In the increasingly chaotic and bloody era of the Spring and Autumn and Warring States periods, China in some ways resembled the later European state system and displayed some balance-of-power characteristics. This embryonic balance-of-power system was unstable, however, because its participants lacked the “commitment to legitimacy” and system of “shared values” identified by scholars such as Henry Kissinger as being key to the relative success of the post-Westphalia system¹—values that owe much to legal philosophers such as Grotius. As Alex Wendt has pointed out, international behavior is socially constructed; that is, it is powerfully conditioned by how states identify...

  11. 7 The Prehistory of Foreign Engagement
    (pp. 89-120)

    It was hardly preordained that China have a hierarchical, virtue-focused view of the world, with itself inescapably at the center. Nor, though its conceptual and ideological antecedents—as we have seen—have great antiquity, was such an attitude necessarily firmly set in stone before China’s first great unification. Yet, over time, “the absence of any rival centre of civilization,” it has been observed, “was a factor which contributed most powerfully to the traditional Chinese view of the world.”¹

    Nevertheless, it was not strictly true that China lacked any such knowledge of separate civilizational greatness. In the year 166 c.e., in...

  12. 8 Engagement and Status Conflict
    (pp. 121-140)

    The Macartney, Amherst, and Napier missions helped lay the groundwork for a slow-motion but remarkably explicit ideological and symbolic sparring match, lasting for the duration of the nineteenth century, between two competing norms of international order—each side sensing full well the implications of, and acutely feeling, every perceived nuance of status and prerogative insisted on by the other. This book is not the place to rehash old arguments over the true causes of the first Sino-British conflict, now remembered as the Opium War. The Chinese, certainly,¹ and no small number of foreign observers at the time (including the British...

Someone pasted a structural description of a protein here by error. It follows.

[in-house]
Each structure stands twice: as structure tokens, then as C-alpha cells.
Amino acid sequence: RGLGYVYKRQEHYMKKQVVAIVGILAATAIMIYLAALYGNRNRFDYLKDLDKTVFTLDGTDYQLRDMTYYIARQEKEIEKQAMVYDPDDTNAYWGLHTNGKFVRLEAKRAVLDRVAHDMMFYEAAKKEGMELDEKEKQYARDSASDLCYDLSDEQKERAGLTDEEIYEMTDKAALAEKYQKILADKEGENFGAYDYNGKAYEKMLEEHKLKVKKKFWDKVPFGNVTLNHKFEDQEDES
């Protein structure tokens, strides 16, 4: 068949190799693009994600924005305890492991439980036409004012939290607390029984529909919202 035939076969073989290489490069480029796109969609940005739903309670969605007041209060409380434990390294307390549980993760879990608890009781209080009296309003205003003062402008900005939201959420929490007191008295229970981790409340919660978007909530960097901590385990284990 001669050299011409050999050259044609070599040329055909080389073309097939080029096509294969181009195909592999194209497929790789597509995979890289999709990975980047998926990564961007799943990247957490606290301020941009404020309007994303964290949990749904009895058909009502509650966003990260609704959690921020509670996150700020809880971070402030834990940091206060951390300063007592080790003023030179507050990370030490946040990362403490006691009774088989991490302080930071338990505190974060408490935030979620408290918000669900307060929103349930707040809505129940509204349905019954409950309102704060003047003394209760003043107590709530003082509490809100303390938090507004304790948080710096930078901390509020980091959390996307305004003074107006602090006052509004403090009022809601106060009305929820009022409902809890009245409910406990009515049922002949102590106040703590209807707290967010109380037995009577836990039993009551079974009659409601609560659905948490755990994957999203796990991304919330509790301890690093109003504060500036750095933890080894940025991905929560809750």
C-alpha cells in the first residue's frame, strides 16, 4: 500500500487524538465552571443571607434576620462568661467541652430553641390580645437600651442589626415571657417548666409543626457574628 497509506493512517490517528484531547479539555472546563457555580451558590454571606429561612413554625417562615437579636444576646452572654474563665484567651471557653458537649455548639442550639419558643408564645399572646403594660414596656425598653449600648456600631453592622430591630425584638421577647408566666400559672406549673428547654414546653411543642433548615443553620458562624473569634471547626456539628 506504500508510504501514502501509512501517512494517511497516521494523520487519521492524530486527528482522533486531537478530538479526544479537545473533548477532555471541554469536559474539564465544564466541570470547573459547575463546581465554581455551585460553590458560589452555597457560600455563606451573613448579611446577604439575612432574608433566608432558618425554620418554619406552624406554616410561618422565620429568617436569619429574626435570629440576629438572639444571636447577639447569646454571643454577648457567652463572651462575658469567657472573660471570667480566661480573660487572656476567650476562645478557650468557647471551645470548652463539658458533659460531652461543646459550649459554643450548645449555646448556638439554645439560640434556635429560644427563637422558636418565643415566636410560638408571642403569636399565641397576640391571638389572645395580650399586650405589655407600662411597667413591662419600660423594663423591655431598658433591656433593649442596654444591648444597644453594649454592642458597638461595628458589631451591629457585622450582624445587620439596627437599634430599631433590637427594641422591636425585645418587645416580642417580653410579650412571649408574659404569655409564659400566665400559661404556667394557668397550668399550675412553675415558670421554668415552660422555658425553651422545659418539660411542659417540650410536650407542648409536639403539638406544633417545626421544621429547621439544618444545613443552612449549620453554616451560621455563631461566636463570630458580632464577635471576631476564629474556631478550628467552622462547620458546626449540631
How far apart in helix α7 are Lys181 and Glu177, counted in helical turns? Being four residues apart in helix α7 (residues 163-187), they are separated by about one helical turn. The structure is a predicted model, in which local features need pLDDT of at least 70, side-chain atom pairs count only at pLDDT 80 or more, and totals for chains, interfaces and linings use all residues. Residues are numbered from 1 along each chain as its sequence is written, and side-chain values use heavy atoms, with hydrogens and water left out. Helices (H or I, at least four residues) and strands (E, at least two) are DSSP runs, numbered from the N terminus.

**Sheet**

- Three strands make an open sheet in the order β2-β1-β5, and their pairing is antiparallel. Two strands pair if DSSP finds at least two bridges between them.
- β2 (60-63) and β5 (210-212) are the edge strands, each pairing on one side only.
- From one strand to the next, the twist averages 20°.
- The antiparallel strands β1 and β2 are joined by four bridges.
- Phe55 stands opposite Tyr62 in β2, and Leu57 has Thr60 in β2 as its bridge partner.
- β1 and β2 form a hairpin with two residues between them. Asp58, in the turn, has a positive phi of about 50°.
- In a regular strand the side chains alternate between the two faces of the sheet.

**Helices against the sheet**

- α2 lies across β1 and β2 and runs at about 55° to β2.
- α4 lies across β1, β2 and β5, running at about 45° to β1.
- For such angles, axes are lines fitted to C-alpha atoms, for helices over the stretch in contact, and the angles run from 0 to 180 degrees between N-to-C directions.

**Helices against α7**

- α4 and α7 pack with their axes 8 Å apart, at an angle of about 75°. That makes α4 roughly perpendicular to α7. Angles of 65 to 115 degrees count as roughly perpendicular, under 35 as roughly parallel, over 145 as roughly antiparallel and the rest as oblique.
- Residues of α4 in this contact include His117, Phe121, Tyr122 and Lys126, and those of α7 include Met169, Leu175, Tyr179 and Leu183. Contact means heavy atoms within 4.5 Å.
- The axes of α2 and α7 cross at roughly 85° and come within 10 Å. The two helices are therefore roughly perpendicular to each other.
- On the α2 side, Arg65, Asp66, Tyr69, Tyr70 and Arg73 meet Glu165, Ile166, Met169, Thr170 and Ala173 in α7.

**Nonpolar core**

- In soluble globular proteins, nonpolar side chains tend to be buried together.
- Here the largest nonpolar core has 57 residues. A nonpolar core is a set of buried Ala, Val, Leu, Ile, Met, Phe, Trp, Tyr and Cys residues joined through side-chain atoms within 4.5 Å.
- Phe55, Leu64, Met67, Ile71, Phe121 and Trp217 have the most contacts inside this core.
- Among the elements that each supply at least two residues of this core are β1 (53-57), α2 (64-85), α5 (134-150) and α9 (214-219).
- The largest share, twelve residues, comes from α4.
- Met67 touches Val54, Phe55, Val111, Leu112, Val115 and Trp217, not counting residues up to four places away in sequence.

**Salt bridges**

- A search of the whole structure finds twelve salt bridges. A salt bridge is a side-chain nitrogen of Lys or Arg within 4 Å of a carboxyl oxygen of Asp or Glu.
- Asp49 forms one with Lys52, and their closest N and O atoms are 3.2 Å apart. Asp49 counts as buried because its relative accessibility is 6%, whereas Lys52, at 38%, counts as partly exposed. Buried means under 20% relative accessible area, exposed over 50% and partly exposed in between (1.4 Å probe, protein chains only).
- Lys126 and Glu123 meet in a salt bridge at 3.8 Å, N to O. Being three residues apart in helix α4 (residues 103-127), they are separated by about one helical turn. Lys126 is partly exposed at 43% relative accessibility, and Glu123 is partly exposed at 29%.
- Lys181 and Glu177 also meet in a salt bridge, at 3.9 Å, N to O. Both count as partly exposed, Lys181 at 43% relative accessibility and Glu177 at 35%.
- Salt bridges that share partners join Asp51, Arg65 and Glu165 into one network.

13. 9 Through Formal Equality to Inferiority
    (pp. 141-156)

    Despite its reverses, Sinic universalism did not simply flee the battlefield. To the contrary, even after the repeated military defeats and diplomatic humiliations of the 1842–1860 period, it missed few opportunities to try to reassert itself or at least to preserve some remnants of the preeminence it had earlier enjoyed. For some time, China still seems to have assumed that there was nothing qualitatively different between its encounter with the Europeans and its many past encounters with powerful barbarian kingdoms.¹ Had not, in fact, crude barbarians on occasion even conquered and ruled China? (Ironically, of course, it was one...

  14. 10 China’s Loss of Its Dependencies
    (pp. 157-164)

    Another trauma affecting China’s self-esteem during the last portion of the nineteenth century was the gradual peeling away of its traditional tributary states, the ceremonial subservience of which had long reinforced its self-perception as being at the very center of the moral and political universe. For so long as it could, China had taken great pains to preserve these territories’ nominal dependence on imperial benevolence. After the arrival of a Frenchman and a British medical missionary in the dependency of the Liu-ch’iu (Ryukyu) Islands in the 1840s, for instance, Chinese officials had been emphatic that “France and England should not...

  15. 11 Imperial Denouement
    (pp. 165-180)